Virginia Capitol Police officer suspended for alleged tattoos of white supremacist symbols

A sergeant in the Virginia Division of the Capitol Police, the department responsible for protecting embattled Gov. Ralph Northam, has been placed on paid administrative leave after local activists unearthed his connections to and affinity for white nationalist causes.

Sgt. Rob Stamm, 36, joined the state Capitol Police in 2014. According to the anti-fascist activist group Antifa Seven Hills, which first made the allegations, Stamm was on duty earlier this week, policing the protests at the state capitol against Gov. Northam, which were ignited by an alleged blackface scandal, when activists noted a large bandage on Stamm’s neck. The discovery prompted them to further scour his social media pages, where they allegedly found multiple links to the far-right.

On Wednesday, the Capitol Police announced in a statement that Stamm had been “placed on paid administrative leave pending the results of a review by the division” because of a “possible violation of division policy.” A spokesperson told HuffPost that the possible violations were related to “some social media posts.”

Some of Stamm’s now-shuttered Facebook likes show obvious far-right leanings, including a page for far-right French politician Marine Le Pen and a page entitled “Stop Farm Attacks & Murders in South Africa” — an issue which, as ThinkProgress has previously reported, is a favorite of white nationalists.

Stamm’s tattoos also show an alleged affinity for the far-right, the most obvious of which appears to be a large Iron Cross on his upper left arm, a German war medal. He also allegedly had a neo-Pagan Viking rune on his left bicep and what seemed to be a wolfsangel on his neck — an ancient Germanic symbol often used by far-right groups like the Aryan Nations — which he then attempted to cover up with a more generic design. Individually, none of these tattoos represent an outright affiliation with white supremacy but together, and along with Stamm’s Facebook likes, they portray troubling picture.

Stamm also allegedly uploaded two profile pictures, one on January 1, 2019 and another on January 10, 2019, which feature the logo of the Asatru Folk Assembly (AFA). According to activists, a number of Stamm’s Facebook friends also claim to be associated with AFA as well.

AFA is part of the neo-Volkish movement, which occupies a strange place within the far-right movement. They advocate for the worship of European Pagan gods and focus on the preservation of tradition and the ancient beliefs of “ethnic European folk”.

The neo-Volkish movement is not as explicitly racist as other parts of the broader far right scene, such as Richard Spencer and the National Socialist Movement. Their focus on ethnic preservation, however, means that there is often an overlap between their beliefs and those of white nationalists. Far-right pages on Tumblr, for instance, regularly overlap between explicit racism and the emphasis on ethnic tradition for which the neo-Volkish movement advocates. Violent far-right groups like Atomwaffen and the Soldiers of Odin also use similar Pagan aesthetics.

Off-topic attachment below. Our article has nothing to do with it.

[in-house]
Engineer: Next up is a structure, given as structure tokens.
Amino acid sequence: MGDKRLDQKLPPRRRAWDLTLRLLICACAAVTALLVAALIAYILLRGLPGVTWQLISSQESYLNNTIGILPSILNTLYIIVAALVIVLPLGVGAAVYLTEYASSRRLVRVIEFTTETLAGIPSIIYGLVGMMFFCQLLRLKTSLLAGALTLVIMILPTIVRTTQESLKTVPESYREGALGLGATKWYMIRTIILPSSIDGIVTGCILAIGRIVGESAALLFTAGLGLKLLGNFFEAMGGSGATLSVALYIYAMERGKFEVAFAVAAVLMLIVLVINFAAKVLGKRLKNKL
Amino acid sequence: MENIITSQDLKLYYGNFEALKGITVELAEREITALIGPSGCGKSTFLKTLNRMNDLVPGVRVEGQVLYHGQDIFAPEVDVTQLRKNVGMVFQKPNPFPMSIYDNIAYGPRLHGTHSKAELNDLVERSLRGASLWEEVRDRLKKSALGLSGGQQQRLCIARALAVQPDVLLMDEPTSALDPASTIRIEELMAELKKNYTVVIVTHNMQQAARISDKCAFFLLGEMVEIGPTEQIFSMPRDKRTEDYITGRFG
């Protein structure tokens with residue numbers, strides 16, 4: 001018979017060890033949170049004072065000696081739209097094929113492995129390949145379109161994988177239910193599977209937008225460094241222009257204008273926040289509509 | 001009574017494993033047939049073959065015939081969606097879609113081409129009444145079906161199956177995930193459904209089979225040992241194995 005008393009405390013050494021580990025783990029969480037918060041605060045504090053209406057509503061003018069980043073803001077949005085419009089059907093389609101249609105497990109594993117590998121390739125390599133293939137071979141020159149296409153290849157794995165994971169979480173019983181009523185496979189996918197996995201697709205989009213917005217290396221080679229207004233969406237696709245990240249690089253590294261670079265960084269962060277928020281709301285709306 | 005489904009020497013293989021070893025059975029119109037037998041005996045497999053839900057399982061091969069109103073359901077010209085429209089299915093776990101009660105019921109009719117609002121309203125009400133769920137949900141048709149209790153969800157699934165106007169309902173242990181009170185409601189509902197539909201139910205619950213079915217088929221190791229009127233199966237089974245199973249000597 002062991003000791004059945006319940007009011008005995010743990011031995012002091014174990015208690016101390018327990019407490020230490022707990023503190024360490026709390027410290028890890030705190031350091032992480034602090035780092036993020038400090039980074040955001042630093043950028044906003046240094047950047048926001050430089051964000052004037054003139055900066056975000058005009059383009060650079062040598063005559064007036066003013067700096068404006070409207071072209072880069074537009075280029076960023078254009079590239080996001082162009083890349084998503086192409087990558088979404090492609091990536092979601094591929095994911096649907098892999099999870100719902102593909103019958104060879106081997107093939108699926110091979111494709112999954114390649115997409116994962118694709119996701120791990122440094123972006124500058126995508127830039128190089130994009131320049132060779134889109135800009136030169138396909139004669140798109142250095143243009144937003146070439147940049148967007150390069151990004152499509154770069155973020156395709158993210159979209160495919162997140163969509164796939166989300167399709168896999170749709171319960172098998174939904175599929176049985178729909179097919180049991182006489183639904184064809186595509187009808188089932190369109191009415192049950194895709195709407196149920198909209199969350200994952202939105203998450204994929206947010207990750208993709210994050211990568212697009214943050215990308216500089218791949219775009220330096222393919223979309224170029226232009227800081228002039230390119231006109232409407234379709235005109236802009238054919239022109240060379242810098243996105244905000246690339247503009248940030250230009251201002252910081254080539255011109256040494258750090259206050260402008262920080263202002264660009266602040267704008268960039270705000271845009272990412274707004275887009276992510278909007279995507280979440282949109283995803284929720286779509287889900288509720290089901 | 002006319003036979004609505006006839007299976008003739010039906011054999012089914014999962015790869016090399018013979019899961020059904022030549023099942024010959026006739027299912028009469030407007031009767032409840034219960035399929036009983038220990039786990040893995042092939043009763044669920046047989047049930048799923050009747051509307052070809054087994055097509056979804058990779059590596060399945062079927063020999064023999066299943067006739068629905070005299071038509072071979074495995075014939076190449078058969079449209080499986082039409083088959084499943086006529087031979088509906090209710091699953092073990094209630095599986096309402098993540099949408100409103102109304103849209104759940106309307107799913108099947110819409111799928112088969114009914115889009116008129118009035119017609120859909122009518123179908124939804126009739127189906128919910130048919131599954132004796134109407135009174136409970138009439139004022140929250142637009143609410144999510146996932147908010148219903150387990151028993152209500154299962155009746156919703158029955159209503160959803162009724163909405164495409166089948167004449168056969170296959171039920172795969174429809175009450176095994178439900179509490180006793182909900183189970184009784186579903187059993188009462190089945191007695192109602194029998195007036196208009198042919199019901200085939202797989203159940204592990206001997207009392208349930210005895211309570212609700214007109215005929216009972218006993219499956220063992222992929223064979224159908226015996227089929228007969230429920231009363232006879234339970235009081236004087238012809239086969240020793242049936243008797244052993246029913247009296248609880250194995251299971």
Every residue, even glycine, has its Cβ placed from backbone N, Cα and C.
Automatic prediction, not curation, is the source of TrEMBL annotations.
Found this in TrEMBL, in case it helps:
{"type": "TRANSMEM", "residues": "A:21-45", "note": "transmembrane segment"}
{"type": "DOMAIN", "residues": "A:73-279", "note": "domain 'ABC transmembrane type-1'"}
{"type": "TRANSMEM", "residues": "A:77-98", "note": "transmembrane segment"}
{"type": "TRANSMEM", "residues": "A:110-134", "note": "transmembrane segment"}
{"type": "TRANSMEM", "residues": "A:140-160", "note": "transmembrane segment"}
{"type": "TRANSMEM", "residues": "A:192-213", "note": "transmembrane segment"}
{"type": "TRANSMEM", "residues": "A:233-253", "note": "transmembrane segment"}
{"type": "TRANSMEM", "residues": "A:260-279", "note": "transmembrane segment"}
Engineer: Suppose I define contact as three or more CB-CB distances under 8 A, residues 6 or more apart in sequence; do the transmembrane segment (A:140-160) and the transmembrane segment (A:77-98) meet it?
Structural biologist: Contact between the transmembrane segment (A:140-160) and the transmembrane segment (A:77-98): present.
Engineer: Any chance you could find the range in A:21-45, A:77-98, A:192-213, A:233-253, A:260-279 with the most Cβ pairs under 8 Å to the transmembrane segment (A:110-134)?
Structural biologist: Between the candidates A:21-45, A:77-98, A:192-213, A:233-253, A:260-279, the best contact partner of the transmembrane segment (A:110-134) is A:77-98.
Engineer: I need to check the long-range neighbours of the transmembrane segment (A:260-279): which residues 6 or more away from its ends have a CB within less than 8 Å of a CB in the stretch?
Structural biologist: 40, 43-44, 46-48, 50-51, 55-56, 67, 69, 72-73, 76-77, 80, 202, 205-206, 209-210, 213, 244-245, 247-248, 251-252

In 2016 two followers of the Asatru religion were sentenced in Virginia for plotting to attack synagogues and black churches.

Stamm’s case is hardly the first time a member of law enforcement has been allegedly linked to white nationalists. In September 2018, an officer in Georgia was suspended after it was discovered he had liked Facebook posts promoting the Ku Klux Klan. In July that year, a deputy at the Clark County Sherrif’s Office in Washington State was fired for making merchandise for the Proud Boys, a far-right gang.

The FBI raised concerns about this issue in a 2006 internal intelligence assessment entitled “white supremacist infiltration of law enforcement,” which noted that white supremacists “have historically shown an interest in infiltrating law enforcement communities or recruiting law enforcement personnel.”

In a statement the AFA denied any links to the far-right. “The Asatru Folk Assembly is not, now nor ever, a ‘hate group’,” Alsherjargothi Matthew D. Flavel told ThinkProgress. “The AFA is a Church dedicated to the worship of our Gods and a love of our people. The Asatru Folk Assembly would be deeply saddened were this officer to be persecuted based on his religious preference of baseless assumptions about his free associations”

This post has been updated to include a statement from the AFA. 

Read more: thinkprogress.org